The activists reiterated the importance of modifying the formula to account for the unique dynamics of that district, so that there will be adequate funding for all students. “Traditionally, we are here as advocates of non-public school students,” said Rabbi Chaim Dovid Zwiebel, executive vice president of Agudath Israel of America. “In this case, we are actually advocating for both public and non-public school students.” He added that if the funding issues are rectified, all the other challenges in the district are likely to be alleviated as well.

A bill has been introduced in the Assembly and Senate that would empower a state monitor to overrule decisions made by the majority-Orthodox East Ramapo School Board, in light of the crisis. Members of the mission expressed forceful opposition to the proposal, and pledged to advocate the entire legislature for its defeat.  Aron Wieder, the Orthodox majority leader of the Rockland County Legislature and a former East Ramapo School Board member, delivered a powerful address denouncing the legislation, which negates the power of democratically elected officials. “This bill goes against the very core of our democracy. Our Founding Fathers are turning in their graves.”

Assisted Suicide

A bill that would legalize physician assisted suicide for terminally ill patients is now pending in the Assembly and Senate. Rabbi Mordechai Biser, General Counsel of Agudath Israel, expressed strong opposition to the legislation, two weeks after Agudath Israel filed a detailed memorandum opposing the measure.

In an exchange with Senator Diane Savino, a sponsor of the legislation, Rabbi Shmuel  Lefkowitz, Vice President for Community Services for Agudath Israel, explained that the legislation could potentially have far reaching consequences. “When you legislate this, you are not only permitting it, but you’re saying that it’s a ‘kosher value,'” Rabbi Lefkowitz explained. “The medical staff members look at the patient and say that their life is not worth anything.”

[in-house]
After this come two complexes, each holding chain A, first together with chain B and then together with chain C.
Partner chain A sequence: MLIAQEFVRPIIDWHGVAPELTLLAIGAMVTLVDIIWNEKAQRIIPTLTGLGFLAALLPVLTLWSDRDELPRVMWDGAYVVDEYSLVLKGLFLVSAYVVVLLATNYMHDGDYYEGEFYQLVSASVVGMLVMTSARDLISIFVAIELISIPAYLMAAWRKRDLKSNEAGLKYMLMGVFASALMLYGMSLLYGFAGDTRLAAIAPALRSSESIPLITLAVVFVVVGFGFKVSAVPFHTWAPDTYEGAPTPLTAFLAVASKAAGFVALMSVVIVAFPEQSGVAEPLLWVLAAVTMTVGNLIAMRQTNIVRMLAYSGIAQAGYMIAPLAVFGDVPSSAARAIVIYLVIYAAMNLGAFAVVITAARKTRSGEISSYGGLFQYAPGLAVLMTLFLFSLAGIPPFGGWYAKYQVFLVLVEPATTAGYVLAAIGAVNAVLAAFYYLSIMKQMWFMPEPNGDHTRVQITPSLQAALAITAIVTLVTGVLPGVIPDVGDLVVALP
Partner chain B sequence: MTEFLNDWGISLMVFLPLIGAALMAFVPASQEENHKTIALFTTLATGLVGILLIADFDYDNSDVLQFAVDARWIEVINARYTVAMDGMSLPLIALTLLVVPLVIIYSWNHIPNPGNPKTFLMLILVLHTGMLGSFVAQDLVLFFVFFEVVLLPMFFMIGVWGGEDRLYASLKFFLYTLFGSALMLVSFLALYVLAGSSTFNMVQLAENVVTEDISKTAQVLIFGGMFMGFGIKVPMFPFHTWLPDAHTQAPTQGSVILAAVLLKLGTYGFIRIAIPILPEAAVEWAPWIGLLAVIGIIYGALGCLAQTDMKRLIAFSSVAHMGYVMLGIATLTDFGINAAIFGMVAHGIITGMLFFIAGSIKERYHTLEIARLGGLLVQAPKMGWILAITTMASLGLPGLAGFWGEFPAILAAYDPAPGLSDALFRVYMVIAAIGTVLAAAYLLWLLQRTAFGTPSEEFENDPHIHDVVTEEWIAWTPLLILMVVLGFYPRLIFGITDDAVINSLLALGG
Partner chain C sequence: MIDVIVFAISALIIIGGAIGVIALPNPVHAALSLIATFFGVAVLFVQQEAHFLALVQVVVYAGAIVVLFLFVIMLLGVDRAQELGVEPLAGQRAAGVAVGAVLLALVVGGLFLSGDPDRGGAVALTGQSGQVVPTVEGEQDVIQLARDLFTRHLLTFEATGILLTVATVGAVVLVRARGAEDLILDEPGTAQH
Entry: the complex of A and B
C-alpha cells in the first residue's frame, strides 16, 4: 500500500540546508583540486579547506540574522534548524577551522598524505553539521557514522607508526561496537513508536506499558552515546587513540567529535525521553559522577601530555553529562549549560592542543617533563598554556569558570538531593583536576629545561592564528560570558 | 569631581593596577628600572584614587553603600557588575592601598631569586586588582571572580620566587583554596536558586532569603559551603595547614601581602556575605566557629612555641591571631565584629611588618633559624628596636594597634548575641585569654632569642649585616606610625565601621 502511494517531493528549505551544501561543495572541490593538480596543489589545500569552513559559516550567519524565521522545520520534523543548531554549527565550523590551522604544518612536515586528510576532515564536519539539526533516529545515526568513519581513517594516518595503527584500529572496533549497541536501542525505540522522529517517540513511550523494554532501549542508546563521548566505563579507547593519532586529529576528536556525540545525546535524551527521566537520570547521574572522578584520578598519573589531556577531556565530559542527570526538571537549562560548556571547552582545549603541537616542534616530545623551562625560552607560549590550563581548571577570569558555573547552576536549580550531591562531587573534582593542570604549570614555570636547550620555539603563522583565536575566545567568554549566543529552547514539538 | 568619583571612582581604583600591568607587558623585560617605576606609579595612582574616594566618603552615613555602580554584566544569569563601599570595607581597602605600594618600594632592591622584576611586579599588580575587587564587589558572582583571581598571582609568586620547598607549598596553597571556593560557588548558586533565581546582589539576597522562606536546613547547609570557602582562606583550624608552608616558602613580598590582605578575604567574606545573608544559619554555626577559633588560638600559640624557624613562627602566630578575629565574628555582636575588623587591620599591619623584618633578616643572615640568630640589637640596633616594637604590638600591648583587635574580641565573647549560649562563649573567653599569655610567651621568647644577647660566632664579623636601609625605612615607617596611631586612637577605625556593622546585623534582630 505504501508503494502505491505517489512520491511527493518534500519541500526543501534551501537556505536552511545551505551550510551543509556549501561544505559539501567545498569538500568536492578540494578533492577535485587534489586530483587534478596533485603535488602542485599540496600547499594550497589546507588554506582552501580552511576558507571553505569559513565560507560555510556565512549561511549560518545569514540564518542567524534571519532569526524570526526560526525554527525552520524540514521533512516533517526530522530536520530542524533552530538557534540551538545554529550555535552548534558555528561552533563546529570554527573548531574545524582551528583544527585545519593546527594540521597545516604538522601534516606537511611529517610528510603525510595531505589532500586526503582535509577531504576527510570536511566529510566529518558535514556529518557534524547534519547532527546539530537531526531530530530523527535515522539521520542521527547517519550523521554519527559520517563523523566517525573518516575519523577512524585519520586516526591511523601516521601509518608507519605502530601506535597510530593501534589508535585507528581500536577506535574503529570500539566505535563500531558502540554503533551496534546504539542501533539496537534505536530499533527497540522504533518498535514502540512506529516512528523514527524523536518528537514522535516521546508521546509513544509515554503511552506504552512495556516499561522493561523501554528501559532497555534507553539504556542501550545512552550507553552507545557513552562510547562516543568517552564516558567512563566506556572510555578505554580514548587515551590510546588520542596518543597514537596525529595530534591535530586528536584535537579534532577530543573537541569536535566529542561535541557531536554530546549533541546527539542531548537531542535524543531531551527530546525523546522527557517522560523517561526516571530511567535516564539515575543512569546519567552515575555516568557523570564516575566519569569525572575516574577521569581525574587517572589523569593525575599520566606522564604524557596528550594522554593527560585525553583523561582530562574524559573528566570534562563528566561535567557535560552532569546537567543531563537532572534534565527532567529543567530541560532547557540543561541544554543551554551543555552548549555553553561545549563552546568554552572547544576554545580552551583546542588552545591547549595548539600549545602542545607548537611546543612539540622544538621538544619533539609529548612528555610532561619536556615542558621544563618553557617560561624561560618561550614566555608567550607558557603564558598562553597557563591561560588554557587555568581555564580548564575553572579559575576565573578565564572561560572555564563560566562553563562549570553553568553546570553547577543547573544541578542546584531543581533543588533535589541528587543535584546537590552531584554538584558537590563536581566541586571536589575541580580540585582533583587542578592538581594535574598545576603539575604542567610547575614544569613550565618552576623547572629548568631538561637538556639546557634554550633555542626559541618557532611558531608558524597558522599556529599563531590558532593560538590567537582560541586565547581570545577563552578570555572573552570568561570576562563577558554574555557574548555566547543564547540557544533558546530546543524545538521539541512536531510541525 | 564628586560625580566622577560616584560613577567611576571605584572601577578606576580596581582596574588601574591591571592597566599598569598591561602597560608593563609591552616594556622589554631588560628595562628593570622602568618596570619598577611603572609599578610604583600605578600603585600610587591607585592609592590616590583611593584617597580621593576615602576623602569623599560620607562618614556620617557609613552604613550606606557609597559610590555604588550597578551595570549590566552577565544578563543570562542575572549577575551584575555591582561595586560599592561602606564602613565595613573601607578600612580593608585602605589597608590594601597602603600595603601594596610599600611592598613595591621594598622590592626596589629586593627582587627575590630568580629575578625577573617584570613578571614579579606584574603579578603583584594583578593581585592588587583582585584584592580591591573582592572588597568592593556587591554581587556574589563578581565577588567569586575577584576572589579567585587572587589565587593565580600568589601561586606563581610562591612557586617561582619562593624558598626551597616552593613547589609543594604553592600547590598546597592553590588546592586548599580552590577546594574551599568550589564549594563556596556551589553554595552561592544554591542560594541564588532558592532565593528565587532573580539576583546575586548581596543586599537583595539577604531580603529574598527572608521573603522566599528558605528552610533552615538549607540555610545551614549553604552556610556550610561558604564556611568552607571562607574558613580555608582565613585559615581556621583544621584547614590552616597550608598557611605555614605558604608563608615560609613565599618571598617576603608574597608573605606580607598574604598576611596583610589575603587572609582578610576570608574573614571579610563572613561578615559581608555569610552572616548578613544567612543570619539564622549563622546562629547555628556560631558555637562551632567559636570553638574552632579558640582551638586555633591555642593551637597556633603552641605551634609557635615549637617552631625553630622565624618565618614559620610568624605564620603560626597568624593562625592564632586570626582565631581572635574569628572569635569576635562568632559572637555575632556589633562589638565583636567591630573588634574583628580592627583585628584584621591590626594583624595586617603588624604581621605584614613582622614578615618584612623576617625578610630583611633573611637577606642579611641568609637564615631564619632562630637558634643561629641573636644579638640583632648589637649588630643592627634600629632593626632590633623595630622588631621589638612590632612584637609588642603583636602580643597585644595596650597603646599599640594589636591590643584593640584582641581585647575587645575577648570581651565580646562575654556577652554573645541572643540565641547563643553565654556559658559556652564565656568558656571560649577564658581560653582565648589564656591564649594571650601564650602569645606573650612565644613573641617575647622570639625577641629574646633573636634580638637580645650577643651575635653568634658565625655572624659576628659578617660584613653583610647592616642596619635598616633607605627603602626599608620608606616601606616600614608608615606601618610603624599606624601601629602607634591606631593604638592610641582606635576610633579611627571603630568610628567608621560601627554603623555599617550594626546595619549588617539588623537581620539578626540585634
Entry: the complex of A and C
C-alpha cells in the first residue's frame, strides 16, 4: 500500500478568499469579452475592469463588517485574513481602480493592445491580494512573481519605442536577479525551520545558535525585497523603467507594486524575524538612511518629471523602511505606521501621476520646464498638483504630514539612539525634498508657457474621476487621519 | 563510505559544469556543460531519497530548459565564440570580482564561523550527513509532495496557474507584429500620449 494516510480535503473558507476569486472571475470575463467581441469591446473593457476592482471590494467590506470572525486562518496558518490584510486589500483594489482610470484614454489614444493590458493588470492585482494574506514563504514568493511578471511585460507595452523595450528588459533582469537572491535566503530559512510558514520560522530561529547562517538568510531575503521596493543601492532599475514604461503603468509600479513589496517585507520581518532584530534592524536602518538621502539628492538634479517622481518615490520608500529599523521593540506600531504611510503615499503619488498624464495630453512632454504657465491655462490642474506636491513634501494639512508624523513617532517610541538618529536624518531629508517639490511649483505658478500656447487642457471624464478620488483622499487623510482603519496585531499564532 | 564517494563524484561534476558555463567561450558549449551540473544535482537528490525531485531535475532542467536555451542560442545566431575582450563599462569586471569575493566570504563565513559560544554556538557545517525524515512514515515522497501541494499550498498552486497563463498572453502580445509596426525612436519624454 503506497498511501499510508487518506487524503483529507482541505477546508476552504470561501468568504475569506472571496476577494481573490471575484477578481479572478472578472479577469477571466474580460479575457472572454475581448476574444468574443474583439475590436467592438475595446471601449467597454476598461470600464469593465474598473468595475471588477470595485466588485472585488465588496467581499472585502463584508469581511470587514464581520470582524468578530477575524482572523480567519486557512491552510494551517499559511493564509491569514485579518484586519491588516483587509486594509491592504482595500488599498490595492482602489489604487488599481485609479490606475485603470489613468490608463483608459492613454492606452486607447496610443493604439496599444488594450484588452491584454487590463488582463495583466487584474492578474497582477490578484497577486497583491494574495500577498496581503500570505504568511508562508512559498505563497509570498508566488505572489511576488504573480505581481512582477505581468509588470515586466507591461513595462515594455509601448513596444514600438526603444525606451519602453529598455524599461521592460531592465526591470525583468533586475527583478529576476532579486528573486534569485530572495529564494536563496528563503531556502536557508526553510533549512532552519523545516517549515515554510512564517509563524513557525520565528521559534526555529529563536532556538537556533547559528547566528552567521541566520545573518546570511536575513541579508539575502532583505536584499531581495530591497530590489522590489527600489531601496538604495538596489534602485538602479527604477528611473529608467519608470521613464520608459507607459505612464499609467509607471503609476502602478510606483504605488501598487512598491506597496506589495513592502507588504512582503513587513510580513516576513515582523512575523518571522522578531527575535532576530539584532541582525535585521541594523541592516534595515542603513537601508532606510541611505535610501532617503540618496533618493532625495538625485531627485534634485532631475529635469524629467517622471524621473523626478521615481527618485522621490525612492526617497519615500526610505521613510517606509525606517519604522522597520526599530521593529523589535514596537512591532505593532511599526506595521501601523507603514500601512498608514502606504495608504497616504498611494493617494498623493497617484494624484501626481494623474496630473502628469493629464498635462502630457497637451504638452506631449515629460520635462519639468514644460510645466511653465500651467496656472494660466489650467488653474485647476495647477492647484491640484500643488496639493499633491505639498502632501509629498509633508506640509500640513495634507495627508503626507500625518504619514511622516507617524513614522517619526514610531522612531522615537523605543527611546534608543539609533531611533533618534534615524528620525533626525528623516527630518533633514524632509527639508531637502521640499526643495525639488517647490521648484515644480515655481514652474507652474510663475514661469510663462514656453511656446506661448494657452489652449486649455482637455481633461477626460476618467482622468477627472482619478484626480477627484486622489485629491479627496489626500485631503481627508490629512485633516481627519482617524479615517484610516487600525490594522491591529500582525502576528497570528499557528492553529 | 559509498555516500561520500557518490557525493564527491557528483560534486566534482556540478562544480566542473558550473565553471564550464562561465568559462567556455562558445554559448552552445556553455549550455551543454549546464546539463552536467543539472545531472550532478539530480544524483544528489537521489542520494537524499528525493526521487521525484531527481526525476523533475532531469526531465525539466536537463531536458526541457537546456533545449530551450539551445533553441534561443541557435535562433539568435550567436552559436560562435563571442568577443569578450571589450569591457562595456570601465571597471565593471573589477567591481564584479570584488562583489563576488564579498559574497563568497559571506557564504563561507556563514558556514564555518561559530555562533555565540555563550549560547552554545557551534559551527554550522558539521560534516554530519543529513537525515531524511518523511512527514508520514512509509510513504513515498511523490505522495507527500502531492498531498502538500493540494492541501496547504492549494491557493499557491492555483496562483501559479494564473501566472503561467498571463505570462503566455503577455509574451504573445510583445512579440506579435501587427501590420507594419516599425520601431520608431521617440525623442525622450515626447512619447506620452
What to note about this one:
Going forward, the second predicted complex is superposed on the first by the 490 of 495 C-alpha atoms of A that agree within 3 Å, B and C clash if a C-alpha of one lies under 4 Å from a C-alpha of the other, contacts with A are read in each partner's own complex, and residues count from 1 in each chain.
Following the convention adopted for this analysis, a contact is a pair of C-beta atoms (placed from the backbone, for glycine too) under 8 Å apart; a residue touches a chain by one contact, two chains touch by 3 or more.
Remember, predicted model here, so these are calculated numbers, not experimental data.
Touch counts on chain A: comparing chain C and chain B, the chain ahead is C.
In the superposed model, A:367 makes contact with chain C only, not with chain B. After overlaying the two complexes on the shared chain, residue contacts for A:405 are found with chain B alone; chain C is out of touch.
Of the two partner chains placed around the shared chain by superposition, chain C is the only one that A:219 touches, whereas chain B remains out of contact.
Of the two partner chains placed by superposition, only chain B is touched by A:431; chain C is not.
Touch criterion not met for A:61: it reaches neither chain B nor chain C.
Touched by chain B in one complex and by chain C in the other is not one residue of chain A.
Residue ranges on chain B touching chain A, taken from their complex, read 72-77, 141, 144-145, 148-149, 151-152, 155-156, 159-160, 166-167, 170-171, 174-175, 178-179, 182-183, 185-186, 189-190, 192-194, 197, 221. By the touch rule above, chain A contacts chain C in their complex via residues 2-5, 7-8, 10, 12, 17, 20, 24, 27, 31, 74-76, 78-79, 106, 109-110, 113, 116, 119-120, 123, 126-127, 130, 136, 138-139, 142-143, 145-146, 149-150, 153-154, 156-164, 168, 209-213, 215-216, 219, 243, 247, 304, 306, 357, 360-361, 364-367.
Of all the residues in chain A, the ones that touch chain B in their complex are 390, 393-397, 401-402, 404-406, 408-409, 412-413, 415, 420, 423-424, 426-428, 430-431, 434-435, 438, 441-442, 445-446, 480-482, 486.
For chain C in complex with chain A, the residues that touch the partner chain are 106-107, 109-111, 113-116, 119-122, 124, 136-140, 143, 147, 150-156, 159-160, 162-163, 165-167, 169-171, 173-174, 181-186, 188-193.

Mrs. Leah Gelernter, a patient advocate, related stories of elderly patients who doctors advised to end their lives who lived additional enjoyable years; one woman lived to 114. “There is a Jewish saying that a prosecutor cannot be a defense attorney,” said Mrs. Gelernter. “A doctor can’t have the role of preserving and ending life.”

Special Education

One major accomplishment since last year’s Agudath Israel mission relates to the application and funding process for children with special needs in non-public schools, which was plagued with stressful bureaucratic delays and lengthy court cases. Following a passionate speech on the Senate floor by Senator Simcha Felder, the Senate passed a bill making the process easier.

Upon the imminent passage a similar bill in the Assembly, sponsored by Assemblywoman Helene Weinstein, an agreement was reached with Mayor Bill de Blasio and New York City officials to streamline the process.

Richard Altabe, Chairman of Agudath Israel’s Special Education Advisory Board, related that the situation on the ground has indeed significantly improved for parents. Mrs. Leah Steinberg, Director of Special Education Affairs for Agudath Israel, who intensively lobbied on this issue, issued a personal thanks to the legislators who helped reach this accomplishment.

The activists urged the legislators to continue working to ensure that the fast growing population of special needs children receives the maximum educational opportunities available.

Homeland Security

On the day that news broke of the arrest of three men in Brooklyn who were planning to join ISIS and commit local terror attacks, and following harrowing attacks in France and Denmark, the activists stressed the need for additional funding for security for non-public schools in our communities.

Currently, $4.5 million a year is allocated for the cause. “We thank you for that $4.5 million but that is inadequate,” said Chaskel Bennett. “We are a target; it’s no secret.”

Infertility Funding

In previous years, $4.5 million a year was allocated in the New York State budget for infertility treatments. Currently, only $1.9 million is allocated.

Noted activist Abe Eisner relayed the real importance of this funding. He related one anecdote of a “Baby Shimon” that was born to a couple after six years of marriage following successful treatment. “With additional funding, we can fill up this room with many more ‘baby Shimons.'”

On behalf of all the mission members and the hundreds of thousands of community members they represent, Chaskel Bennett, member of Agudath Israel’s Board of Trustees, issued a passionate clarion call: “Our communities are growing and thriving, and are on the cutting edge of activism. This year, there cannot be an answer (from state government) besides for ‘yes.’ We’ve heard enough ‘no’ and ‘next time.'”

{ Newscenter}